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I played Spore as possibly the first "serious" game in my life as a kid, and it was awesome. The Cell stage introduces you to the concept of creating in a simple 2D environment, you get to collect a few bonuses, but it is really simple and there is little tutorialling needed. The Creature stage introduces you to unit management with your pack members, which then becomes more complex in the following stages, together with more abstract currencies with more uses. The only problem is that once you get into space, there just is not enough content to justify the massive galaxy, and the game gets repetitive fast. Analogously, once you just want to mess around with the editor, the part limits are annoying (and pointless).
The lore, though again not super complex, is charming and has the potential to be a different take on sci-fi, much like The Hitchhiker's Guide to the Galaxy. It was also very nicely localised, with part names for buildings and vehicles in Czech being a delight of their own. The art style for each stage is consistent and feels like a living world despite (or maybe thanks to) not being excessively detailed. The "objectives" are not that difficult and there is no grand strategy, but just wandering the world and improvising is fun enough. I even still own the manual for the worldbuilding and nostalgia.
From what I've read in other reviews (on this site and elsewhere), the problem most people have with Spore is excessive hype for something that never happened. But if you are spared the hype, or if you are looking for a good introductory game for a non-gamer, the Spore we got may even be better that the Spore that could have been. And it certainly is better for the image of gaming than your average space military simulator.
Spore isn't actually a game, it's 5 bland-as-stale-cornflakes mini-games tacked on to a creature creator. You build your creature, you play the mini game. Now you understand Spore.
Creature creation, which is the reason most people bothered putting the disc in their hard drive, also feels like a limited mini-game. You'll see the term "evolution" used a lot to describe Spore, but there's actually none to be had. Jaws, snouts, claws, arms, and body shape are determined in a play-doh stage at different times in the level. If you don't like your herbivorous 5" phallus-worm, just check into an evolution stop you can change the thing into a hulking 10' grizzly-wolf.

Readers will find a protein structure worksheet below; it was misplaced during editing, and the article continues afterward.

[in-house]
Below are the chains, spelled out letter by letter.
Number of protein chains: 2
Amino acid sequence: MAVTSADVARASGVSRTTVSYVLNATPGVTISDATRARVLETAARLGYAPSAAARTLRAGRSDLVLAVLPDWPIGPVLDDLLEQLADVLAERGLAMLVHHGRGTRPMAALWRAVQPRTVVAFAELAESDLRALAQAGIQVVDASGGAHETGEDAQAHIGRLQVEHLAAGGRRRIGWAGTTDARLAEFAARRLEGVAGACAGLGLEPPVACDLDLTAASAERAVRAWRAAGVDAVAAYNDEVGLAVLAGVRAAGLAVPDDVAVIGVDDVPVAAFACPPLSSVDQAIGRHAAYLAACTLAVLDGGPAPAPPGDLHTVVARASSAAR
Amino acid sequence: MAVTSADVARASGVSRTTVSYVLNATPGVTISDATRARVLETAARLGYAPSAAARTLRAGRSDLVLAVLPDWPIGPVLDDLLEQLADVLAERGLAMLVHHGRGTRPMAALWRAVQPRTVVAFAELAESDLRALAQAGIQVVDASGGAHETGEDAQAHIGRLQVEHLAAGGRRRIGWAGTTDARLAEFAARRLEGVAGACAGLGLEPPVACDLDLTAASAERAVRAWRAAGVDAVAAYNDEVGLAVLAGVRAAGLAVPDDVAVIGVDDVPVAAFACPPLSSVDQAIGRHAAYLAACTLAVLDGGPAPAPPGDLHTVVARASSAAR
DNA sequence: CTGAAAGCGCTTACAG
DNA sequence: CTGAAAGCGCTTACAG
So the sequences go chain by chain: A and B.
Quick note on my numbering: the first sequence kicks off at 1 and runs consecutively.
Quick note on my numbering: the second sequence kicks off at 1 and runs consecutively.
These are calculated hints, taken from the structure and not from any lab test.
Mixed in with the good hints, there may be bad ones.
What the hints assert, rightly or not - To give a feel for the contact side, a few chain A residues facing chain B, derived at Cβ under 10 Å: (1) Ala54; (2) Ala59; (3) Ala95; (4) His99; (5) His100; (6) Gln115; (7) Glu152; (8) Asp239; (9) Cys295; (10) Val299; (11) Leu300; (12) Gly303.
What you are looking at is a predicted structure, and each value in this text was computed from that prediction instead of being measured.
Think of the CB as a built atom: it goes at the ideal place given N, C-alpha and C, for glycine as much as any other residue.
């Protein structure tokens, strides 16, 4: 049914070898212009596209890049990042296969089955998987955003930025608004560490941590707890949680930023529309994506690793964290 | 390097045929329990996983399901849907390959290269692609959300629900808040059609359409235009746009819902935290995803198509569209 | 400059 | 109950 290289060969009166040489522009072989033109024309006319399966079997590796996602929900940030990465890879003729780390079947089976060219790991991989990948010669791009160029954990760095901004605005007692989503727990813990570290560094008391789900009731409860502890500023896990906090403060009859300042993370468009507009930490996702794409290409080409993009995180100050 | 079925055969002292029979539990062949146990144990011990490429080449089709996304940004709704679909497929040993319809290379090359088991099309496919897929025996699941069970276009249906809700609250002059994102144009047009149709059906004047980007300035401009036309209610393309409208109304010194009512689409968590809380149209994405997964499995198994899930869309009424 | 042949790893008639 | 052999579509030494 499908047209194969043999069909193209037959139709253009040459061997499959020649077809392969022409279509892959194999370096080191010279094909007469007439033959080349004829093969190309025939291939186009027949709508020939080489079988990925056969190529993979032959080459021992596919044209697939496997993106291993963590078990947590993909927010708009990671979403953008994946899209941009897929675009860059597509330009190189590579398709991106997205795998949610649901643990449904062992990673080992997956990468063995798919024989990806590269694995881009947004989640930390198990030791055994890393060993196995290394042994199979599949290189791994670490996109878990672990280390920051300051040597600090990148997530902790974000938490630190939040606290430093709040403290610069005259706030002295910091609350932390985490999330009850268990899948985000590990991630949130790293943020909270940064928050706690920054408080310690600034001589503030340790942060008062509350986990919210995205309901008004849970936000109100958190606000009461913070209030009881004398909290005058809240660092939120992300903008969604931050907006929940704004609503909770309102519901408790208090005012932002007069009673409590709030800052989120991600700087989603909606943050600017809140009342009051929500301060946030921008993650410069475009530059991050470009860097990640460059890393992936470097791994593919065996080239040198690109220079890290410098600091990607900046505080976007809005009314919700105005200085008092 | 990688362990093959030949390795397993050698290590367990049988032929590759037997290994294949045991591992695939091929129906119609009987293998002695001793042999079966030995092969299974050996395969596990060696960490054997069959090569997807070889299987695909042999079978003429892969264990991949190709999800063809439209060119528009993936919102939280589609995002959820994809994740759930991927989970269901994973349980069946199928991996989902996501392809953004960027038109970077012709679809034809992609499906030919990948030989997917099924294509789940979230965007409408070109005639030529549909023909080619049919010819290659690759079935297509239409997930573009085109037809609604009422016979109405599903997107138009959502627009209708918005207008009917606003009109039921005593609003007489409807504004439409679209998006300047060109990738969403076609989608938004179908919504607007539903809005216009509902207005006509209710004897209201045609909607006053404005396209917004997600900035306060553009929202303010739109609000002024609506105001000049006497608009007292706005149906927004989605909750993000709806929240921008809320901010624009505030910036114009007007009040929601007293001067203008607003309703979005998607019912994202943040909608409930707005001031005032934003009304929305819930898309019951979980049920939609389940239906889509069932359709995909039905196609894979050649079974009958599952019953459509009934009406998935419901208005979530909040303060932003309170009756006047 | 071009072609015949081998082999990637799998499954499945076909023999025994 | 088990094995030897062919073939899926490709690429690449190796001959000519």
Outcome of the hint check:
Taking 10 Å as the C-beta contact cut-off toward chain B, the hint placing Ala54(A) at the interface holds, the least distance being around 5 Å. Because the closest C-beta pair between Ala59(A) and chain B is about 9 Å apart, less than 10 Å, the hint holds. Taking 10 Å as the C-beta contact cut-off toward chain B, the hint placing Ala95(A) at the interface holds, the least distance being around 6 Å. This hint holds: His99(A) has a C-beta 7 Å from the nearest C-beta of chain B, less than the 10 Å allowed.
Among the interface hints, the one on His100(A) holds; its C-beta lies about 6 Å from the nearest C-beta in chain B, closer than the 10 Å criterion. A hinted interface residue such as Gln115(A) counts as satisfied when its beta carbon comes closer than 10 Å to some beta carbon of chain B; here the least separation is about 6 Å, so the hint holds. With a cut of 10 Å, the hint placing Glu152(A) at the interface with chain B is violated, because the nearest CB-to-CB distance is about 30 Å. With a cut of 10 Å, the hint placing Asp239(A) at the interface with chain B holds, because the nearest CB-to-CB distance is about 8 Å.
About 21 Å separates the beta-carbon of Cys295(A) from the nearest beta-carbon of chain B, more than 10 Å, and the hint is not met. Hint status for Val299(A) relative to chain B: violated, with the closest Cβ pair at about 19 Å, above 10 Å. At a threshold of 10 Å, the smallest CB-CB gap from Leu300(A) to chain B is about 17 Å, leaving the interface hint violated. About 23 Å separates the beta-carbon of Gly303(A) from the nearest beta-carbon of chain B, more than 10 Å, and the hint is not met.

Your creature does not evolve. You make a creature out of play-doh and run it around to collect more play-doh bits. Nothing else you do matters significantly.
When you're done with this stage and have finally given your creature those +5 mandibles of death, you move on to a couple of RTS stages. There you will realise that those lovely teeth and claws and surrogate urethras you painstakingly saved up for do NOTHING; it's appearance only from here on out.
And it is definitely a rocky road from here on out. The first RTS stage is a loving (sort of) ripoff of Age of Empires. Only with less intelligent villagers, and an extremely limited tech tree, and lower population limits, and fewer buildings, and poor combat, and poor balance, and fewer types of units, and all right; it's nothing like Age of Empires. It's an awful, awful bastardisation of what an RTS should play like and, coming from someone who grew up when Ensemble Studios was in their prime, it makes you want to heave and retch and gouge your eyes out with a brooch.
The stage after is a terrible take on Rise of Nations. After that you get a spaceship and fly around pointlessly colonizing planets in your forsaken, empty universe.
The creator portion in these stages switches from designing creatures to designing buildings and spaceships. It's like Lego, if Lego were a 5-minute exercise in pathetically sticking plasticine spheres and cubes together for no purpose at all.
There's also the DRM issue. You can install Spore three times, and then you're locked out of a game that you've purchased. It's draconian to say the least.
I am filled with regret for buying this game.
Yes, I know this game is now over 5 years old, and that the content has dwindled to a measly 6 automatic content downloads because of the decrease in players. Do I still enjoy Spore to this day? Yes! Other reviews have already delved into what Spore's gameplay is about, so I'll just state my personal opinion of it, with both good and bad parts about it.